(Adds details on reserves, analyst’s comment)
Dec 31 (Reuters) - The dollar’s share of currency reserves reported to the International Monetary Fund rose in the third quarter to its highest level in a year, while the yen’s share of reserves grew to the largest in two decades, IMF data showed.
Reserves held in dollars totaled $6.75 trillion, or 61.78% of allocated reserves, in the third quarter, compared with $6.78 trillion, or 61.49%, in the second quarter.
This was the greenback’s largest share of overall reserves since the third quarter of 2018 when it was 61.93%.
Total allocated reserves fell to $11.66 trillion in the third quarter from $11.74 trillion in the previous quarter.
Global reserves are assets of central banks held in different currencies, primarily used to support their liabilities. Central banks sometimes use reserves to help support their respective currencies.
The dollar remains the world’s dominant reserve currency but central banks around the globe have in recent years made a push to diversify their reserves away from the U.S. currency.
“I do think that the dollar will continue to very gradually cede some of its power and central banks will continue to diversify away from it, but the greenback will remain the predominate currency for settling international trade so it will continue to represent the bulk of reserves for the long term,” said John Doyle, vice president for dealing and trading at Tempus Inc in Washington.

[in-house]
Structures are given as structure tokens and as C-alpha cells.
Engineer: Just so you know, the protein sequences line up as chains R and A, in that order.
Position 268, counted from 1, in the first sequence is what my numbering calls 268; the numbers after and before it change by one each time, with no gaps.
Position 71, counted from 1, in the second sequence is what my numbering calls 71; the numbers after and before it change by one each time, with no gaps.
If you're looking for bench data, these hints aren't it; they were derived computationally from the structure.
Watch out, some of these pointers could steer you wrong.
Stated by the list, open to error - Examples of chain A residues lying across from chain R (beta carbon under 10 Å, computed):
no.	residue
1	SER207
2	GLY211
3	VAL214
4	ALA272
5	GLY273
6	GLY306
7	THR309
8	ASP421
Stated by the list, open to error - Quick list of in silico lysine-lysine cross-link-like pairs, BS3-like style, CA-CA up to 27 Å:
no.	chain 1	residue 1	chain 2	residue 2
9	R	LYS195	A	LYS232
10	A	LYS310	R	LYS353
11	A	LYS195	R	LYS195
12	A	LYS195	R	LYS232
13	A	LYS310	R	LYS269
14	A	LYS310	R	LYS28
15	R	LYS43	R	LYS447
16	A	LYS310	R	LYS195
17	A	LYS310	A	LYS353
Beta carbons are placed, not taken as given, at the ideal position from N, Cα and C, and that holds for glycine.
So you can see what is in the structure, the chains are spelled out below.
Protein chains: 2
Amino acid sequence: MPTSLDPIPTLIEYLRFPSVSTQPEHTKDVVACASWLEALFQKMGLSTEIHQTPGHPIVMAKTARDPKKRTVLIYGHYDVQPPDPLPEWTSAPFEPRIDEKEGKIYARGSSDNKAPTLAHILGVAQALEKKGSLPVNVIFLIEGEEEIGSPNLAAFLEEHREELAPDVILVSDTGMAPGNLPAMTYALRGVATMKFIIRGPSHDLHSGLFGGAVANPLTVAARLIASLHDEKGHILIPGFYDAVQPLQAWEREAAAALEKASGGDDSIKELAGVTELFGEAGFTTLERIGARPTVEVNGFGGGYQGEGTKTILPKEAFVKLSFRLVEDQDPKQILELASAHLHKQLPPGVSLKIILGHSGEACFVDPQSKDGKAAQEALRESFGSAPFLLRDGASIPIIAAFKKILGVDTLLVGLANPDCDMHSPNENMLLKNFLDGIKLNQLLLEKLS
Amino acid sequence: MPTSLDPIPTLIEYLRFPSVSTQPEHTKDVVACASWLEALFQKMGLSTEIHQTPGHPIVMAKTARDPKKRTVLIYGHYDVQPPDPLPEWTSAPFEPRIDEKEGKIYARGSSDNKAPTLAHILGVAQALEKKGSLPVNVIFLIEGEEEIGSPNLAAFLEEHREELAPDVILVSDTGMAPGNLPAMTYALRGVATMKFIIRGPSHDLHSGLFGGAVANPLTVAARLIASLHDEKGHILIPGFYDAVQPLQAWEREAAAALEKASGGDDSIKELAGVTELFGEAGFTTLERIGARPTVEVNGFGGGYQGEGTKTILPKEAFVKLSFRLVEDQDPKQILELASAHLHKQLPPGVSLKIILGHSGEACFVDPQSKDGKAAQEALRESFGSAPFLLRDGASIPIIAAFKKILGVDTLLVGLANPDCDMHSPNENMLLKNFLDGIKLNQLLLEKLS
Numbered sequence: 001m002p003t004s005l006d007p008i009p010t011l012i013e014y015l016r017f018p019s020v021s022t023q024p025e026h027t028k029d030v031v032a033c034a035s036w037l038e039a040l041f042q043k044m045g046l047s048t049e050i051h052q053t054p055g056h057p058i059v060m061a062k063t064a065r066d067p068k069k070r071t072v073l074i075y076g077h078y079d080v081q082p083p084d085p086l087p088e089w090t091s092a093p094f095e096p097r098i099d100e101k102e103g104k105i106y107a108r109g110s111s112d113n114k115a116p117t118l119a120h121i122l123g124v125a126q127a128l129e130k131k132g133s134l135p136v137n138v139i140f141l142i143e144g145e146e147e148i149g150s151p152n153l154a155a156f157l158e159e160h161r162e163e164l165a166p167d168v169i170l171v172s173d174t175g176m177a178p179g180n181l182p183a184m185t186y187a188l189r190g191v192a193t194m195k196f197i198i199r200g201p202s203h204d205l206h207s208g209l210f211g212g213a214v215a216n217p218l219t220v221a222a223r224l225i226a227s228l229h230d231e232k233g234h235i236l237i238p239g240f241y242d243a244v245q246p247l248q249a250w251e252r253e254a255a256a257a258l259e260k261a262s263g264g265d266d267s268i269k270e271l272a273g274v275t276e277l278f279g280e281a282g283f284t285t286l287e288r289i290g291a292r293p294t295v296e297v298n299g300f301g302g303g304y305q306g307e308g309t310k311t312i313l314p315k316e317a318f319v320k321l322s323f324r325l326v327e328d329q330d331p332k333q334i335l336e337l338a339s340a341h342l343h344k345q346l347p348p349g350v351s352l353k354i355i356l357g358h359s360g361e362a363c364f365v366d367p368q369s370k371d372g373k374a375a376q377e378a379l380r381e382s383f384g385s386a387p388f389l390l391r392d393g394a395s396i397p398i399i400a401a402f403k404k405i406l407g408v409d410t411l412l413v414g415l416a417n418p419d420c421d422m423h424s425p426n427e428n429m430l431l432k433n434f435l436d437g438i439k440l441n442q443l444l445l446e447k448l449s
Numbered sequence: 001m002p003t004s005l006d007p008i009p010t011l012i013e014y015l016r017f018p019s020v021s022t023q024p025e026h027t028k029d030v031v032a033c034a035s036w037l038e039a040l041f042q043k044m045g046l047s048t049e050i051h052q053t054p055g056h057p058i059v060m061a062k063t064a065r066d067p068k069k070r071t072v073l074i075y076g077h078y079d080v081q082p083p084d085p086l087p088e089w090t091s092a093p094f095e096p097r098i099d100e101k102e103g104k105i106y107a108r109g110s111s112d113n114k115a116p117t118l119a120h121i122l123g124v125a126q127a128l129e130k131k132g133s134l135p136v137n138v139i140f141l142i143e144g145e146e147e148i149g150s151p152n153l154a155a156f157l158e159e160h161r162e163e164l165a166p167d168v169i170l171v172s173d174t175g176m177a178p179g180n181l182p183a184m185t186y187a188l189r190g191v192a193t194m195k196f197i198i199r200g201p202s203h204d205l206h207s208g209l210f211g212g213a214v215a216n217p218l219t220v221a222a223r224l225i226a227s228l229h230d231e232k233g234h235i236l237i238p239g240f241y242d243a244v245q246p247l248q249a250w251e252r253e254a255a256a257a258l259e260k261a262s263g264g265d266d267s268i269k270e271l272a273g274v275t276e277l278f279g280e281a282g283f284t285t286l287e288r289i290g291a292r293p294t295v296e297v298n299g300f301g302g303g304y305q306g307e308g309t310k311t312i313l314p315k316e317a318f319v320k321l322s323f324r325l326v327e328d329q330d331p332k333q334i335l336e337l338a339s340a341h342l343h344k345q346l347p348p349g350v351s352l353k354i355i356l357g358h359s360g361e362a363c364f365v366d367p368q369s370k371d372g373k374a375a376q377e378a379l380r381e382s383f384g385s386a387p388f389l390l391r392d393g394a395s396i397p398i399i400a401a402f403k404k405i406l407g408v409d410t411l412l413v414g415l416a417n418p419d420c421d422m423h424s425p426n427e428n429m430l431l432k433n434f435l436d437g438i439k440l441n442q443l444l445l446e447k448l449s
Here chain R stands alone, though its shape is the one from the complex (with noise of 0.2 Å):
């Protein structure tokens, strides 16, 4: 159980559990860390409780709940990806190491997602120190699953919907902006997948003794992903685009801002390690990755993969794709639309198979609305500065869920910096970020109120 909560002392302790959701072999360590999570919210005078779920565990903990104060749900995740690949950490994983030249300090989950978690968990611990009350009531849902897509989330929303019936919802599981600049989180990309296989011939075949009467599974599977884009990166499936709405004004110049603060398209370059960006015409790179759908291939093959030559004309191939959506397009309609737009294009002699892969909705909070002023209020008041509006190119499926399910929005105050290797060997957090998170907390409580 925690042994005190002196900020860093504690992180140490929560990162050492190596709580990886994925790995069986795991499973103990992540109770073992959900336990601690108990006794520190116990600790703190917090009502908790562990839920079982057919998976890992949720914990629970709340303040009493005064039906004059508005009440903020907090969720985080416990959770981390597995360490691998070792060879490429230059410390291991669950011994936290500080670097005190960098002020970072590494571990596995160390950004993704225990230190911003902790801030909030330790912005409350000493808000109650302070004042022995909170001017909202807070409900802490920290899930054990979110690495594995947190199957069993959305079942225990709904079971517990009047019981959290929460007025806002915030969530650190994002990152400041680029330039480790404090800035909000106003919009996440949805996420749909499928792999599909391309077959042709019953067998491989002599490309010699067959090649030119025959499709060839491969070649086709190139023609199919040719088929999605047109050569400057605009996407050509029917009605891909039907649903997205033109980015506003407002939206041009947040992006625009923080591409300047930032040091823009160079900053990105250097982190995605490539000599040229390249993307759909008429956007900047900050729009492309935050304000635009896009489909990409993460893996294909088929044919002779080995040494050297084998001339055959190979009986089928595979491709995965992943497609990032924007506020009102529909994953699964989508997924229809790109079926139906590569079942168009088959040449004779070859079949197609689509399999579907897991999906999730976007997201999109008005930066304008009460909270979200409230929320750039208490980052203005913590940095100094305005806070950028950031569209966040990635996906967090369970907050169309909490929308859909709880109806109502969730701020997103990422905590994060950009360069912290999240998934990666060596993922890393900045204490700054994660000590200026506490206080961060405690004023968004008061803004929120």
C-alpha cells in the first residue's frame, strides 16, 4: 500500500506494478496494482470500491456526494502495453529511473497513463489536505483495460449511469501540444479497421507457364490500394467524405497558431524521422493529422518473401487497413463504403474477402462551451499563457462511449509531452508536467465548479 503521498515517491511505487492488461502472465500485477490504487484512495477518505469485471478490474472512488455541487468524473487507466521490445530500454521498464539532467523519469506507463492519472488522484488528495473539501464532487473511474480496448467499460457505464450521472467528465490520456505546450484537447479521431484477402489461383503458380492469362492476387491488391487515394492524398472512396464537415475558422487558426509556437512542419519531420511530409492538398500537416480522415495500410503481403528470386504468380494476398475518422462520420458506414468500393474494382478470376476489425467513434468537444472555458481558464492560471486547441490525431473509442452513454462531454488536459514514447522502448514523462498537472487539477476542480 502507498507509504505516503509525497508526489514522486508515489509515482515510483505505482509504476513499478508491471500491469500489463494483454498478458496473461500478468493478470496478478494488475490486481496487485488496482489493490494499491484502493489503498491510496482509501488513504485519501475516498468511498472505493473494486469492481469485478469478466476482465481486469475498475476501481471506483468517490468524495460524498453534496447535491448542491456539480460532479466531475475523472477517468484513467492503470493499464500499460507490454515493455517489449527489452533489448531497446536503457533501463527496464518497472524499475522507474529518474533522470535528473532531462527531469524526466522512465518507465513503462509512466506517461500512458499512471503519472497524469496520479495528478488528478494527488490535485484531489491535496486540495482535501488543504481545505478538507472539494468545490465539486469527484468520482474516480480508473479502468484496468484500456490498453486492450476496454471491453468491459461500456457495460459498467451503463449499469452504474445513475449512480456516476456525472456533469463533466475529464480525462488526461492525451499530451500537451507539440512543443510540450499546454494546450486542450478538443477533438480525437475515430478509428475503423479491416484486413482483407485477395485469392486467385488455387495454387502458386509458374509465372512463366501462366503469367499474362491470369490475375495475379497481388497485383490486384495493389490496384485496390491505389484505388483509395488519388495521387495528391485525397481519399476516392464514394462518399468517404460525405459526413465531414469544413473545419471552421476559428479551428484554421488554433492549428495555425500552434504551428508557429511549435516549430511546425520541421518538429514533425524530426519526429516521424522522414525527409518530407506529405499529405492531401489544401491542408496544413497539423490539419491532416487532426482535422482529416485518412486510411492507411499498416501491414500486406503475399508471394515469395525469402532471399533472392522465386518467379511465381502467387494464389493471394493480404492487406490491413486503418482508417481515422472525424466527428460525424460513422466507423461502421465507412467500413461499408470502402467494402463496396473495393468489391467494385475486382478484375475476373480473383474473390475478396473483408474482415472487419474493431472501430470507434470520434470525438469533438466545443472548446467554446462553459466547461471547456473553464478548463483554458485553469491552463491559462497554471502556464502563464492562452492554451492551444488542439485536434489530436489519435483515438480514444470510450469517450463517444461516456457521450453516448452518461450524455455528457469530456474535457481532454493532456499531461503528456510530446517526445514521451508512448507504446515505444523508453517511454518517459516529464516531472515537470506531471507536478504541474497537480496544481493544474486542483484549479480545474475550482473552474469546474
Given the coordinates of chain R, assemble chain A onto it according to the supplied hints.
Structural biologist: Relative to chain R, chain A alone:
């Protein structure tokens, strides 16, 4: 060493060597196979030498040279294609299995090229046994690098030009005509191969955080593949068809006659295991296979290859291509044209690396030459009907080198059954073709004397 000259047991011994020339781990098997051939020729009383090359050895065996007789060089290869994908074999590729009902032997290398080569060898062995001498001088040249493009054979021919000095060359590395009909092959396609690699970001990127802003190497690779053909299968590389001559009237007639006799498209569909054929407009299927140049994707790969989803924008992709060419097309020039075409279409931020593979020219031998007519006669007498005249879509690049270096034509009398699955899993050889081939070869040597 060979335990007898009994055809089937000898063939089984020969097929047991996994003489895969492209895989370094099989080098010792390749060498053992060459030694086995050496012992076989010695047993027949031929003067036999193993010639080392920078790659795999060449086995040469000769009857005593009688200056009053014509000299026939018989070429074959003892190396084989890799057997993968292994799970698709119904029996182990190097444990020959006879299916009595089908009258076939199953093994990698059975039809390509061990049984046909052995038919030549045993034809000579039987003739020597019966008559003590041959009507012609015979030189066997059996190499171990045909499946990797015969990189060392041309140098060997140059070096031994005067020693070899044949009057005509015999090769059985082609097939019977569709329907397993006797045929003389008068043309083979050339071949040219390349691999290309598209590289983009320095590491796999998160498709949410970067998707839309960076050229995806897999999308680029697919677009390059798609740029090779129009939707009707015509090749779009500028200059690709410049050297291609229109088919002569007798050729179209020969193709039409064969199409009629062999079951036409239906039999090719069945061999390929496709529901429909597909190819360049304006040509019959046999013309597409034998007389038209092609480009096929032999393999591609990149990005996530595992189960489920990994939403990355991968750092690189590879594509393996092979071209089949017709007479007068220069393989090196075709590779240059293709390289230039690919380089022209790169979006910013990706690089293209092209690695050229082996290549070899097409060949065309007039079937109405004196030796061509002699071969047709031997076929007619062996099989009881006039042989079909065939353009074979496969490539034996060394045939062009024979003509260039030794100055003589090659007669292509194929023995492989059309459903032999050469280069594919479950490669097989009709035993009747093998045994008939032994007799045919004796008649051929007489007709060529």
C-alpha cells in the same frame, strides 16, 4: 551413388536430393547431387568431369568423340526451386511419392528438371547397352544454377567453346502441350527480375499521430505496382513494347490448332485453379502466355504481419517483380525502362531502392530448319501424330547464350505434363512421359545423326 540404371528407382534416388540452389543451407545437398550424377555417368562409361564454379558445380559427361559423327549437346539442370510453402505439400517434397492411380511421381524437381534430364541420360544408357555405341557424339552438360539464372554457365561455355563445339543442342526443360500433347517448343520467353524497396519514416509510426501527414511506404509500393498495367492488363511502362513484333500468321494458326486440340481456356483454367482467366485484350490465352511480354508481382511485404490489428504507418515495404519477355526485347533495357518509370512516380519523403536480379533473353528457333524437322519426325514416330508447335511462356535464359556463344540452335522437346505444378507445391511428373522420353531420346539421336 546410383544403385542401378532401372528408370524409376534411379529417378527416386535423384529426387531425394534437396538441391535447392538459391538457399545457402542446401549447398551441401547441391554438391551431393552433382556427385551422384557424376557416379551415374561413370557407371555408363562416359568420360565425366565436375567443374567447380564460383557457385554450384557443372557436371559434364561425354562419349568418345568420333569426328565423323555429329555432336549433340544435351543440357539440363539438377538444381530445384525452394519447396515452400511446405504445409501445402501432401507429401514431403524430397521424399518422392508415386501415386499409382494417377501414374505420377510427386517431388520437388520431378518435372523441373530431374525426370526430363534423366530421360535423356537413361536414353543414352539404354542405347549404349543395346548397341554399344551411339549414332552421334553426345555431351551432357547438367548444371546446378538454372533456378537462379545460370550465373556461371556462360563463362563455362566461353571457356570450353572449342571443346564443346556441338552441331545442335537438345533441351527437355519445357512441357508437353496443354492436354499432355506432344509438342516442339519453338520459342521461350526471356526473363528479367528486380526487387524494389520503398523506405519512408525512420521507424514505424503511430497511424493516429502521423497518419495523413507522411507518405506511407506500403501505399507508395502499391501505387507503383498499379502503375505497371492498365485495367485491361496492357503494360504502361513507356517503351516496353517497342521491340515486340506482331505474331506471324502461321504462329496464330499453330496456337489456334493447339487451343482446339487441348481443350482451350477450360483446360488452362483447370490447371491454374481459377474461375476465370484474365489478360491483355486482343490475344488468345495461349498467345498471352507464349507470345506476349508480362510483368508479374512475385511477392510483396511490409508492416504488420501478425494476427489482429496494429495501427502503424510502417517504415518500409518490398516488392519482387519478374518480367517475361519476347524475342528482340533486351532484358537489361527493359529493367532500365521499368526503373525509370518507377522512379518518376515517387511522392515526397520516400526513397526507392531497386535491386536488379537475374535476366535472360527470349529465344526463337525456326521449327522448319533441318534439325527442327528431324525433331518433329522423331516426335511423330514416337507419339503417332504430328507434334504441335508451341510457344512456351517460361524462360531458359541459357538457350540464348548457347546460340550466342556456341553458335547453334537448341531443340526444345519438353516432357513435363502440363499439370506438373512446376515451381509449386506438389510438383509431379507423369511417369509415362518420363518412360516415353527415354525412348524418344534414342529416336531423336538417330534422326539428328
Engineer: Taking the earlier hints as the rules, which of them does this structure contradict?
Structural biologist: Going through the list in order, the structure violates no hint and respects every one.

While the dollar share of foreign exchange reserves increased, the euro’s share fell to 20.07%, its smallest share since the third quarter of 2017.
The yen’s share of global allocated FX reserves rose to 5.60% in the third quarter to largest share since 2000, data showed.
The share of allocated currency reserves held in yuan, the Chinese currency also known as renminbi, rose to 2.01% percent, the highest since the IMF began reporting its share of central bank holdings in the fourth quarter of 2016. (Reporting by Saqib Iqbal Ahmed; Editing by Catherine Evans and Alex Richardson)
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